The April Almanac

THE SKIES

April 5, 2:00 A.M. local time, Daylight Saving Time begins. 13, Full Moon, also known this month as the Sprouting Grass Moon; a penumbral eclipse of the moon by Earth begins at 8:20 P.M. EDT. A penumbral eclipse occurs when the moon enters the partial cone of Earth’s shadow but misses the main cone of the shadow. 22, Earth encounters some celestial debris that’s been around for at least 2,500 years — the Lyrid meteors. In the hours after midnight shooting stars will appear to emanate from the constellation Lyra in the northeastern sky. 27, New Moon.

ENVIRONMENT

“When April blows his horn,/ It’s good for hay and corn./ If it thunders on All Fools’ Day/ It brings good crops of corn and hay”—Richard Inwards, Weather Lore (1898). Showers, meaning localized rain, as opposed to winter’s wide-area storms, usually do become more common in April. The nation’s cotton crop will be planted by the end of the month, and wise gardeners in the north will plant their peas. Leatherbacks, the largest of the sea turtles, are nesting in the Caribbean—at, among other places, Sandy Point, St. Croix, where they are protected by the U.S. Government. Leatherbacks normally inhabit open ocean. Only females make the annual trip to coralfree sandy beaches in temperate latitudes. They emerge from the surf, according to one naturalist, looking “like small VWs crawling up on the beach.”

NEW STAMPS

April 11, a 10¢ stamp in the transportation series, featuring a canal boat, to be issued in Buffalo, New York, western terminus of the Erie Canal. 20, a booklet of ten 22¢ stamps carrying eight messages, such as “Happy Birthday,” “Get Well,” and “Love You, Mother!,” to be issued in Atlanta, Georgia. 28, a 22¢ stamp commemorating the centennial of the United Way to be issued in Washington, D.C.

FOOD

The first fresh domestic peaches, watermelons, and corn of the season will head toward market this month, if it’s a typical April. The nation will see a boom in strawberries, eggplant, bell peppers, and tomatoes. Squash and snap beans should have already boomed; they can be expected to remain plentiful throughout this month and much of the next. There will be a flurry of activity in asparagus and artichokes—neither of which will be so plentiful again before next April. Overall, the rally among domestic fresh fruits and vegetables will rout imports, which can be expected to decline steadily until late summer. Then they will bottom out and begin climbing again, to a March peak.

DEMOGRAPHICS

Most of the nation’s high school seniors who have applied to colleges and universities will receive letters of acceptance or rejection this month. Some 58 percent of this year’s high school graduates—or 1.6 million people—will enroll as college freshmen next September (up from 49 percent in 1980). A majority will be women. According to a recent federal study, half of them may graduate in debt. The average cost of a year in a private college is now $10,199. The costliest institution of higher education is Bennington, where tuition and room and board cost $16,950. A student borrowing enough money, at the standard studentloan interest rate (7 percent), to attend Bennington would be liable after graduation for payments of $787.22 a month for ten years.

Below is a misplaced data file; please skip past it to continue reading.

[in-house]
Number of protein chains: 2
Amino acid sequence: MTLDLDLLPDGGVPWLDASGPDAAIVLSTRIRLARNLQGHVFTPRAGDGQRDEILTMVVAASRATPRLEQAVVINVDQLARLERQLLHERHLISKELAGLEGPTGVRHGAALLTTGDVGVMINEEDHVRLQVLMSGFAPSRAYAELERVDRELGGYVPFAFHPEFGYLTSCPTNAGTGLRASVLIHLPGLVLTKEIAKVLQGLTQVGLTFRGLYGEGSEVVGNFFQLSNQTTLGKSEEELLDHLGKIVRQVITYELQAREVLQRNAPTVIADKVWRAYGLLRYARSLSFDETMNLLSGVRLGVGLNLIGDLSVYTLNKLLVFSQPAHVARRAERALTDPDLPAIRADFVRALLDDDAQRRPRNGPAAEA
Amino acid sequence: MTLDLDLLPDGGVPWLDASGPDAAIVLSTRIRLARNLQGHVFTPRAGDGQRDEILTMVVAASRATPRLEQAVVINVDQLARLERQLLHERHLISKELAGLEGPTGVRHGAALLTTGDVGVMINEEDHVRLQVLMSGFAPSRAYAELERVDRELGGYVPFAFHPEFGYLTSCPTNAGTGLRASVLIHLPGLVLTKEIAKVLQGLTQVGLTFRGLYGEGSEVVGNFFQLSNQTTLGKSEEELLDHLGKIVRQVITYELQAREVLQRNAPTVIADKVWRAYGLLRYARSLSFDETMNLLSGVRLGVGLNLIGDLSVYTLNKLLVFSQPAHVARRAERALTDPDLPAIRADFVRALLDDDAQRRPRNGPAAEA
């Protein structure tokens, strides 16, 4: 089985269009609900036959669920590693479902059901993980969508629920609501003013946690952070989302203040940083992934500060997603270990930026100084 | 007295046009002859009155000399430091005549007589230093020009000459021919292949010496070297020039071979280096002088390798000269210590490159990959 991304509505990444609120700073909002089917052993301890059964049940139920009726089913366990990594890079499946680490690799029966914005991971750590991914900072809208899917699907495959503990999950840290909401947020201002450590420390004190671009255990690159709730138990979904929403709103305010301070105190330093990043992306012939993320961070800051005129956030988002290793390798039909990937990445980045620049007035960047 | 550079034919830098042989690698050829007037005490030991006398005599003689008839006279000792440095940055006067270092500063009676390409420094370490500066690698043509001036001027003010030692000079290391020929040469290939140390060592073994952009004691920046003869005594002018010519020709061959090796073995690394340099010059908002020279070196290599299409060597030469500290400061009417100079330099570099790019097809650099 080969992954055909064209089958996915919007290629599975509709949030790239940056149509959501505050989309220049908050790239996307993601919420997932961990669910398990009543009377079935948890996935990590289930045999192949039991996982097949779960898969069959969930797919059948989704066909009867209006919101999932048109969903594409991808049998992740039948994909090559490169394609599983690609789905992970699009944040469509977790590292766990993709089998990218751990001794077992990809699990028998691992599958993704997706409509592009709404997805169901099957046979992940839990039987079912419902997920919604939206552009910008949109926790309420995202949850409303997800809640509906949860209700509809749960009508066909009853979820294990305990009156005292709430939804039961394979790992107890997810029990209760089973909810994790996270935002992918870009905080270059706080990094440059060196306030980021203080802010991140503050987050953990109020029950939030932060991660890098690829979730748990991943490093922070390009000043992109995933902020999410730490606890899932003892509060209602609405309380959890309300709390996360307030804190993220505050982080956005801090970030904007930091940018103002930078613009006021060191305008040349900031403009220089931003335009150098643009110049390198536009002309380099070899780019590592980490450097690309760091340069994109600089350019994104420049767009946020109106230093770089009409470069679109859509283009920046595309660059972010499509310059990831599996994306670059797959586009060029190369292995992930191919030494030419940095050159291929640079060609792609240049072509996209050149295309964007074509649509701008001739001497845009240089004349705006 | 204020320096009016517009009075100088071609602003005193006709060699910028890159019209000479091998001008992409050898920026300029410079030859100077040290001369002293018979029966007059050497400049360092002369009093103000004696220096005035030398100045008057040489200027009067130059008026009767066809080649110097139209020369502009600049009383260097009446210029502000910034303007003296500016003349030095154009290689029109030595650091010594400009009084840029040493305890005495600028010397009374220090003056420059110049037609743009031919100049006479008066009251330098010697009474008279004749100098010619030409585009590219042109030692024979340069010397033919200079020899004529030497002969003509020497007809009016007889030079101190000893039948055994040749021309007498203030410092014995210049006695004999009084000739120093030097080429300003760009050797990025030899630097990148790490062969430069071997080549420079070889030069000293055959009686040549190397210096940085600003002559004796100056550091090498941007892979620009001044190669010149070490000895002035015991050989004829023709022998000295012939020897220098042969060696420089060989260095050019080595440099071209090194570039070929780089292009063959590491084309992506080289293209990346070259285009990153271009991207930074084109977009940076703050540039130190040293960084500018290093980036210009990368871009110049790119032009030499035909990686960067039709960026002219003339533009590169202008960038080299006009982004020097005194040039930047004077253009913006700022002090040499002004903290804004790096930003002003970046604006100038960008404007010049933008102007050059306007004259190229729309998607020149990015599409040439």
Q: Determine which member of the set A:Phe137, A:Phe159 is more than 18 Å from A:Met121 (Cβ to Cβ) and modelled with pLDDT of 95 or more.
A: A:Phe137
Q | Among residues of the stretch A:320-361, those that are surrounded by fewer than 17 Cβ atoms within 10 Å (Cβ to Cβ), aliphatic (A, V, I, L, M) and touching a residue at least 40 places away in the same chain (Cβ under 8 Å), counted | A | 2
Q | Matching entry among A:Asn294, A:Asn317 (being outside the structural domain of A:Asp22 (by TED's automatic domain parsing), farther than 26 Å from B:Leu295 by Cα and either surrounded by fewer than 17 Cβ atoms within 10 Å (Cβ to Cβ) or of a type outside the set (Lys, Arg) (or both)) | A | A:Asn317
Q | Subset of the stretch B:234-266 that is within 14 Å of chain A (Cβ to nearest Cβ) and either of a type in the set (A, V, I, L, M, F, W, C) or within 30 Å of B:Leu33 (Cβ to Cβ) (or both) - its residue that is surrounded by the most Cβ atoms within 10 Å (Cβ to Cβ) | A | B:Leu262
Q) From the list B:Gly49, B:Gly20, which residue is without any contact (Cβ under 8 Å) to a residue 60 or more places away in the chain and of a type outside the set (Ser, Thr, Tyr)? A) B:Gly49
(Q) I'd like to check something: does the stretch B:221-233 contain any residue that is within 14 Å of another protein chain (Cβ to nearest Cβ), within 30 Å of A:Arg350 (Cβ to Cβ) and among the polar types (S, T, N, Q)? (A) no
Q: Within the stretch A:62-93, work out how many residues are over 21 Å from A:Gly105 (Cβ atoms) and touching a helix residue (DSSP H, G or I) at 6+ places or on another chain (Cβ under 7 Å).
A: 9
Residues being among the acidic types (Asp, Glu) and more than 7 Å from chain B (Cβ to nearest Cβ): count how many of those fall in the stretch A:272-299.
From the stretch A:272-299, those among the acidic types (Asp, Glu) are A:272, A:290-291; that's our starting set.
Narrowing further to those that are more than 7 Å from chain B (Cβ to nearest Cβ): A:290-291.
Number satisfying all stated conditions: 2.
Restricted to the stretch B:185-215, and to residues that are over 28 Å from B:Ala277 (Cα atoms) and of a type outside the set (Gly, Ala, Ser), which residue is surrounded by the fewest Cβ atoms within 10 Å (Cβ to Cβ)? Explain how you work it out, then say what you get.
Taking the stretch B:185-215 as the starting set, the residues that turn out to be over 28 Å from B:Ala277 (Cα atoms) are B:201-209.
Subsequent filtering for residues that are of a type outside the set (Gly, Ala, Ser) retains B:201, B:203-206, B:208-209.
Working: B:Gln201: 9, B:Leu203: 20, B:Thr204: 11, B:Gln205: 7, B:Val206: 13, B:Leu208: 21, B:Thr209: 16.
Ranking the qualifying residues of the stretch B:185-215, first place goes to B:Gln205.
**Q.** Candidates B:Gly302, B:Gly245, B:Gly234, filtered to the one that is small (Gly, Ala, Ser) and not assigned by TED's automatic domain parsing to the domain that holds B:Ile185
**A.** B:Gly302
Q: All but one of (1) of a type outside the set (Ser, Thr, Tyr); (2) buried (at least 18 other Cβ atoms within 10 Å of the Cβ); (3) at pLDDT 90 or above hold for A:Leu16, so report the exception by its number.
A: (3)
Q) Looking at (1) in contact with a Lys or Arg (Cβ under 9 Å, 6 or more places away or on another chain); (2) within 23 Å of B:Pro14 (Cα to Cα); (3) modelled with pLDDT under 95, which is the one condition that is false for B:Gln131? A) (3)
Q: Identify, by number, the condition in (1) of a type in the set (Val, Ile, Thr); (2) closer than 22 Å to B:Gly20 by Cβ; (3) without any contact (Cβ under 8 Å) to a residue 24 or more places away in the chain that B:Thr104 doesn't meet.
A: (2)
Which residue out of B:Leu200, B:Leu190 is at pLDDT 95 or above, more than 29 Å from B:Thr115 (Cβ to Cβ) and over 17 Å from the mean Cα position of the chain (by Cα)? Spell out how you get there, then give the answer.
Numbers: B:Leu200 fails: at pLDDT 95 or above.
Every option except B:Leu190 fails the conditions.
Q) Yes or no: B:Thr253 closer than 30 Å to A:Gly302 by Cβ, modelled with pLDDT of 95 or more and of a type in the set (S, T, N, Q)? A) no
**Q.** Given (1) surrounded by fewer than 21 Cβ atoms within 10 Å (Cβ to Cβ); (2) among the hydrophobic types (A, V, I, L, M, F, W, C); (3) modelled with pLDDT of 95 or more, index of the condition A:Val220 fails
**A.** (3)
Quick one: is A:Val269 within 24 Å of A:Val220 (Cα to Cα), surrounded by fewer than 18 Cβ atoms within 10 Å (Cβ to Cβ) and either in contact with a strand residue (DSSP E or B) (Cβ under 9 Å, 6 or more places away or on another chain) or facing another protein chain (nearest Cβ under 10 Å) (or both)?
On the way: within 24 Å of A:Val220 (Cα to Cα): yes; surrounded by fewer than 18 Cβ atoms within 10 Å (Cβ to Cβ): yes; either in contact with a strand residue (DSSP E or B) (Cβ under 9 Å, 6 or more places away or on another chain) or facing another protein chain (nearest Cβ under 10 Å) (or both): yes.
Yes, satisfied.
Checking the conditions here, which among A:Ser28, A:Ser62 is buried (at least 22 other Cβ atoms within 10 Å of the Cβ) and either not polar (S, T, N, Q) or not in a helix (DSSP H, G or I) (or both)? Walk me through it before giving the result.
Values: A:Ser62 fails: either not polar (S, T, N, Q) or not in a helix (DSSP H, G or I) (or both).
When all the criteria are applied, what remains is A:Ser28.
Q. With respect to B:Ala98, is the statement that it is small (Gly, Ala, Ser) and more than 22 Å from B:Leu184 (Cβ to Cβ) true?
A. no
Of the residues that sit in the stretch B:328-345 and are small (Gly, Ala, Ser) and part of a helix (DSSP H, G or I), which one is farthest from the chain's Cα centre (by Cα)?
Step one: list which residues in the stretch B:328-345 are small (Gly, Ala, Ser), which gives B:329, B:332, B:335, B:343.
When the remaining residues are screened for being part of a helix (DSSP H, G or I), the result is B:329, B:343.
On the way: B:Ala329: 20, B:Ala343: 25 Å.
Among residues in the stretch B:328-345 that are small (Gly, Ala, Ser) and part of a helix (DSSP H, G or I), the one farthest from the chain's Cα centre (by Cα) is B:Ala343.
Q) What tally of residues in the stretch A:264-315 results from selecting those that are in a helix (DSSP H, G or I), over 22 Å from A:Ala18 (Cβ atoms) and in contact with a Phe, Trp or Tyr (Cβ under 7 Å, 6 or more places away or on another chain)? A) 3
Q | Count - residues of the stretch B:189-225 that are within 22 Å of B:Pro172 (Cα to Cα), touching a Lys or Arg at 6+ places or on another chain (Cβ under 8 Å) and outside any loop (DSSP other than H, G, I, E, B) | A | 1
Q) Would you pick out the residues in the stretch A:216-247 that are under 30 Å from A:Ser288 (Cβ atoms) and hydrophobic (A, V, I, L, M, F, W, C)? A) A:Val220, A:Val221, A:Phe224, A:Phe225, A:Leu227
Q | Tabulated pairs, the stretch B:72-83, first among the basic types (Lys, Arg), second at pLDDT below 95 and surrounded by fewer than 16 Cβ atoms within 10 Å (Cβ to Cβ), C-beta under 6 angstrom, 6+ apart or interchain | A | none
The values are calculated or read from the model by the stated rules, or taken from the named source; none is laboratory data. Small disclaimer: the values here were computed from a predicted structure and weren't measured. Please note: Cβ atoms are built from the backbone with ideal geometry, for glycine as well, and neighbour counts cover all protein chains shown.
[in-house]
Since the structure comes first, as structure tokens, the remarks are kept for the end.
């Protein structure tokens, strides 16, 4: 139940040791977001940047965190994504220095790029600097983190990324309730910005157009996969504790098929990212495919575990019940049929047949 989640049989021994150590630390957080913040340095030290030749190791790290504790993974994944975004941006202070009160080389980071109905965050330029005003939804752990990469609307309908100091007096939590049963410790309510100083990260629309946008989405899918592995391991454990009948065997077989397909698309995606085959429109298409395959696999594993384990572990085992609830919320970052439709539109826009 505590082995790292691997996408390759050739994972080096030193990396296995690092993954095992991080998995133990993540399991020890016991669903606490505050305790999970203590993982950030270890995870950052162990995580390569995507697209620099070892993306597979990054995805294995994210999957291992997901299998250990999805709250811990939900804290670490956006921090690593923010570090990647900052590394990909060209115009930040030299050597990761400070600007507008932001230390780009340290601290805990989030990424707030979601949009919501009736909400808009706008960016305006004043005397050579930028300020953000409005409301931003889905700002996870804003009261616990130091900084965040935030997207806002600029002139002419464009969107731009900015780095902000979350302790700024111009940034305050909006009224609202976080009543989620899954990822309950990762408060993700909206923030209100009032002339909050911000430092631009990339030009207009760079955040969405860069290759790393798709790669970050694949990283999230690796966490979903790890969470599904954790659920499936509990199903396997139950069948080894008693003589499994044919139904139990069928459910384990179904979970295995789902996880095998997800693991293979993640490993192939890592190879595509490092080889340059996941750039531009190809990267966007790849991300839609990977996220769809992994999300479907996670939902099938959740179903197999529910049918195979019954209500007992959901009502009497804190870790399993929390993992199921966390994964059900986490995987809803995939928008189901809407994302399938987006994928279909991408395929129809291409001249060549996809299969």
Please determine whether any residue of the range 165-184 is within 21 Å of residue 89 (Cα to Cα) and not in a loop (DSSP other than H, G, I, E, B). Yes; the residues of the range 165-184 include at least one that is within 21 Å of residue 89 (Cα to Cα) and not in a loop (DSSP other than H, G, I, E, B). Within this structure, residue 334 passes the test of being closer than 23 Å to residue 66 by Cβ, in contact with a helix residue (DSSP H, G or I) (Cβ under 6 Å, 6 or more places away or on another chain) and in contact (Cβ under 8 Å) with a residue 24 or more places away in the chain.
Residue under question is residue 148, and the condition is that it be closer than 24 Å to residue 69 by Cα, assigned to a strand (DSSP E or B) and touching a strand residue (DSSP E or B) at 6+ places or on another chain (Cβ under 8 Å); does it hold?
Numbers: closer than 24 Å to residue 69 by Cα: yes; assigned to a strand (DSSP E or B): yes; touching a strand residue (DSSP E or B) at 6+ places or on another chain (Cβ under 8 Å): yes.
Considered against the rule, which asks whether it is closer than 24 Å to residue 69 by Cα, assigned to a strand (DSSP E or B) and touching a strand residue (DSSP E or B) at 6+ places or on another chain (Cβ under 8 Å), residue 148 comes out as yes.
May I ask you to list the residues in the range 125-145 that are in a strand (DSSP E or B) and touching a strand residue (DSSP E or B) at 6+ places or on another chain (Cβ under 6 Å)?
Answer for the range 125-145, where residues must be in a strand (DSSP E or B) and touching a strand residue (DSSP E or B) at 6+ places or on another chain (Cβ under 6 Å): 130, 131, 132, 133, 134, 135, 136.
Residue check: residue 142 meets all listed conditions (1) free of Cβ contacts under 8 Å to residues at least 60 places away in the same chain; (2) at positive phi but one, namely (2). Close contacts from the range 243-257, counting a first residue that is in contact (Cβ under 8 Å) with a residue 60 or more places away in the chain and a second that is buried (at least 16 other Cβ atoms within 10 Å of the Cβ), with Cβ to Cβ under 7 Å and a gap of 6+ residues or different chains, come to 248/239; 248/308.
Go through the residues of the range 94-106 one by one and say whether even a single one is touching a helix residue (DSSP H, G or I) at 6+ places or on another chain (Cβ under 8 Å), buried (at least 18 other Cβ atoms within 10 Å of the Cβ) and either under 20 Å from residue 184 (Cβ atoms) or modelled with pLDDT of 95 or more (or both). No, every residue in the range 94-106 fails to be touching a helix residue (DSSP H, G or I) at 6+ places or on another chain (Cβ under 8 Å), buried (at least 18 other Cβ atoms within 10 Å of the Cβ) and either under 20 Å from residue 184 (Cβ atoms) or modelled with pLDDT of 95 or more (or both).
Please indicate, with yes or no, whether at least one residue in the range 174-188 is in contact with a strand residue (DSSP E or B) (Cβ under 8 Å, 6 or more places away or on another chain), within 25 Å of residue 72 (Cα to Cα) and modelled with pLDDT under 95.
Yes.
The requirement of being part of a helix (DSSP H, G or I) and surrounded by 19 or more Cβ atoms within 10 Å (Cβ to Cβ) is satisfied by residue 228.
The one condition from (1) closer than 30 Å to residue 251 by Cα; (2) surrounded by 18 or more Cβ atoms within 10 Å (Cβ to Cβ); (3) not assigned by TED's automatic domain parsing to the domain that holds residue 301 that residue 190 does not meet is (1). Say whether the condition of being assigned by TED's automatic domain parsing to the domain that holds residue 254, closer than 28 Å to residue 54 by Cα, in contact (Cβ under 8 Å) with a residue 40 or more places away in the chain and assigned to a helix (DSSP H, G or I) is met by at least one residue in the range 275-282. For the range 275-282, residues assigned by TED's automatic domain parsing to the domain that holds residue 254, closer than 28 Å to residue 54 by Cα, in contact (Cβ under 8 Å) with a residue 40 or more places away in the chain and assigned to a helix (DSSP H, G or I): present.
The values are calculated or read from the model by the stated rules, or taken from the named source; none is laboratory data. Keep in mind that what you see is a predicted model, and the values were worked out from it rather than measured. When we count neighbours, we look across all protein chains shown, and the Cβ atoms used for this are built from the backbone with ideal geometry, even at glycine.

ARTS & LETTERS

April 5-11, National Library Week. The American Library Association will distribute, through local libraries, a questionnaire about books to be completed by members of the reading public. Vartan Gregorian, the president of the New York Public Library, was willing to answer a few of the questions in advance: The scariest book he ever read? 1984, by George Orwell. The funniest? The Adventures of Hajji Baba of Ispahan, by James Morier. Favorite author? Gabriel García Marquez. The ALA will release its results next month. 16, a dozen newspaper reporters, three authors of nonfiction books, a novelist, a playwright, a poet, two photographers, a cartoonist, and a composer will be awarded Pulitzer Prizes.

HEALTH & SAFETY

More suicides tend to occur in early spring than at any other time of year—a fact for which there is no generally accepted explanation. Nor is it known why the suicide rate among 15to 24-year-olds is rising, while the rate among older age groups is dropping. The overall rate has held fairly steady, at about 12 per 100,000, since the 1950s; the rate among the young is still lower than the rate among adults. Although most of the adults who commit suicide are clinically depressed, only about a third of studentage suicides are.

GOVERNMENT

April 11-20, Congressional recess. 15, by this date individual income tax returns must be filed. Some 20 to 25 percent of the approximately 105 million tax returns are likely to arrive during the last week of the filing season, at least 10 percent will not arrive on time, and 4 percent of the forms returned will be requests for automatic four-month extensions. The IRS has calculated that in 1981, the most recent year for which data are available, Americans turned over to the government $81.5 billion dollars less than they were supposed to — enough to send everyone in Illinois to Bennington. 20, the White House will hold the 109th annual Easter-Egg Roll on the South Lawn.

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